The clear standout of the auto-qualifier rehearsals yesterday, Bilal’s aspirational anthem Roi has been given every opportunity to succeed by the French delegation. His vocals sound much stronger than the national final, a subtle remix has given the song more energy and the presence of two captivating onstage dancers communicate the message of the song effectively. Some of the other big 5 delegations should definitely be taking notes…
The home nation has suffered a fair amount of blowback from fans at home and abroad for following Netta’s bold modern pop with this old school stage ballad. However, to the production team’s credit, they’ve polished this stage show to near-perfection. It’s still a rather dated effort, but there’s a package here that could appeal to enough voters for Israel to avoid the bottom five. Considering the form of recent host nations, that’s a minor victory in itself.
Italy are wisely keeping things simple for the stage performance of Soldi. A combination of animations and some well-chosen English language translation appear on the LED backdrop to assist with storytelling, while Mahmood delivers a confident performance that feels more like a star turn at an awards show than a Eurovision hopeful fighting for attention in a field of 26.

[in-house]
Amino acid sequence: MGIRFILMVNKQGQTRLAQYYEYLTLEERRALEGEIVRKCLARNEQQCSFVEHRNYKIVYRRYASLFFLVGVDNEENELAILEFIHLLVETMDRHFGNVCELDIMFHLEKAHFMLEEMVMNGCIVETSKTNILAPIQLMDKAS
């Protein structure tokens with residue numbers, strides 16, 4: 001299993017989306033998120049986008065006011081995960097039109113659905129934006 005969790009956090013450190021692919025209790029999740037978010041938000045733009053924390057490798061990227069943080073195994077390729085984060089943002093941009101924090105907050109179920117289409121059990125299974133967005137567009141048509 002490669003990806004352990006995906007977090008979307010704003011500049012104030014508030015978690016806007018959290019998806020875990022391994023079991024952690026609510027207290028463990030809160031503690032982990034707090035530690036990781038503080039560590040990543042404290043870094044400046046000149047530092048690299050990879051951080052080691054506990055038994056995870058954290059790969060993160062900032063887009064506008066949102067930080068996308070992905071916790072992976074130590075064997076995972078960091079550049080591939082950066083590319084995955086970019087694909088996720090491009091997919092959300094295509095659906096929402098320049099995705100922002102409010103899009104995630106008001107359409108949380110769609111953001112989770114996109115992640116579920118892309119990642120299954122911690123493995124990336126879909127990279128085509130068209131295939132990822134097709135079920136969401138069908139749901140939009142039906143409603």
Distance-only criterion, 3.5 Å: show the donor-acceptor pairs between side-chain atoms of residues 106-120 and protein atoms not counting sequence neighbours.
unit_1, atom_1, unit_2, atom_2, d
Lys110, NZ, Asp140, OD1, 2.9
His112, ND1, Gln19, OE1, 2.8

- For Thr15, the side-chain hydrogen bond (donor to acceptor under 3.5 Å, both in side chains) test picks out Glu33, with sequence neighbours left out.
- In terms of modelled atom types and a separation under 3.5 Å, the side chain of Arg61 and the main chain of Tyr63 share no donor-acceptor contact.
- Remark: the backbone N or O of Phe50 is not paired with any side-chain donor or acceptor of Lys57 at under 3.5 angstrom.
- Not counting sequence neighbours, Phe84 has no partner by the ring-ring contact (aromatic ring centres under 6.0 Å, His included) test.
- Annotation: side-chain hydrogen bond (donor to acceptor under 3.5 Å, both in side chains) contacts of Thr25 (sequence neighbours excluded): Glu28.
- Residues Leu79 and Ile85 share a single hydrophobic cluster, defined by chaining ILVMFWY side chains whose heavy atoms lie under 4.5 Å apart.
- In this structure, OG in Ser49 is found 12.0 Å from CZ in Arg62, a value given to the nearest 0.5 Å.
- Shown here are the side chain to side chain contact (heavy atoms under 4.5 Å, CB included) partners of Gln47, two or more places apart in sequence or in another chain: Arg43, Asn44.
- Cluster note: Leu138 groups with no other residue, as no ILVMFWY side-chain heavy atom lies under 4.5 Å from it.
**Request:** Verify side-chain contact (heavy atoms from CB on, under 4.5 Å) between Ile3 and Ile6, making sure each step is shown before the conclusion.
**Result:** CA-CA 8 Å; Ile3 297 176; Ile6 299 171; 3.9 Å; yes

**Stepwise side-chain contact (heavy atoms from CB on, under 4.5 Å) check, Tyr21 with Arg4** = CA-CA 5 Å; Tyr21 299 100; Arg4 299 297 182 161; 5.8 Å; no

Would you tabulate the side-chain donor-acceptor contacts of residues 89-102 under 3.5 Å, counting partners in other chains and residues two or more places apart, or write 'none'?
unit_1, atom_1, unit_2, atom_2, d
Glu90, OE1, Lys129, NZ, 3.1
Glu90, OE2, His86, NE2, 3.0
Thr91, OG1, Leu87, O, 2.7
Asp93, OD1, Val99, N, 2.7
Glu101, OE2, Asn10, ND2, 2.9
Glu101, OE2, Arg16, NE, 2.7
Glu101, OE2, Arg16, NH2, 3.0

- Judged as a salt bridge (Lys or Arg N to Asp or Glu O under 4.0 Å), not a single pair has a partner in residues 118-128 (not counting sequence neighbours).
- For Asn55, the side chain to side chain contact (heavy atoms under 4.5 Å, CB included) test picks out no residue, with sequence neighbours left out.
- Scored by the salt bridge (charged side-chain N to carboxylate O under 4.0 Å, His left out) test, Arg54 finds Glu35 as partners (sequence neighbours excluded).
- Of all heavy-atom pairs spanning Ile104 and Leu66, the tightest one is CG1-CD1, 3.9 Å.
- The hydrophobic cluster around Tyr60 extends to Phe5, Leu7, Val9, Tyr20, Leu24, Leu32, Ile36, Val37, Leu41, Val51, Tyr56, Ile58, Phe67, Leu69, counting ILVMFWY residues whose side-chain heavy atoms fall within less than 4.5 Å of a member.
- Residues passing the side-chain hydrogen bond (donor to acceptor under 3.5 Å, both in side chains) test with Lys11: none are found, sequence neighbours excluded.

After a welcome return to the top five in 2018, poor Germany look to be on a collision course for the bottom five again this year. The song remains as limp and lifeless as when it inexplicably won Unser Lied für Israel, and while the girls are delivering perfectly serviceable vocals, they’re left adrift by a dull and unimaginative stage show that ends with the ultimate admission of modern Eurovision defeat – the unearned Golden shower effect.
In the absence of a party anthem from Israel this year, Spain’s summery Iberian bop could fill the void quite nicely. Miki is certainly delivering on the energy, but the stage show feels seriously over-cooked. There’s flames, an oversized dollhouse, an actual wickerman and a lot of quite frenetic running about. There’s lots to enjoy here, but the overall impression is that a little bit of streamlining could go a long way.
They say that the accepted definition of madness is doing the same thing over and over again while anticipating a different result. In the case of the United Kingdom, they seem to be stuck in a feedback loop of vaguely aspirational balladry. Everything about Michael Rice’s staging screams ‘X Factor Winners Single’, but sadly the overall effect is more Ben Haenow than Leona Lewis. He’s a gifted singer and by all accounts a lovely chap, but a fresh approach is needed.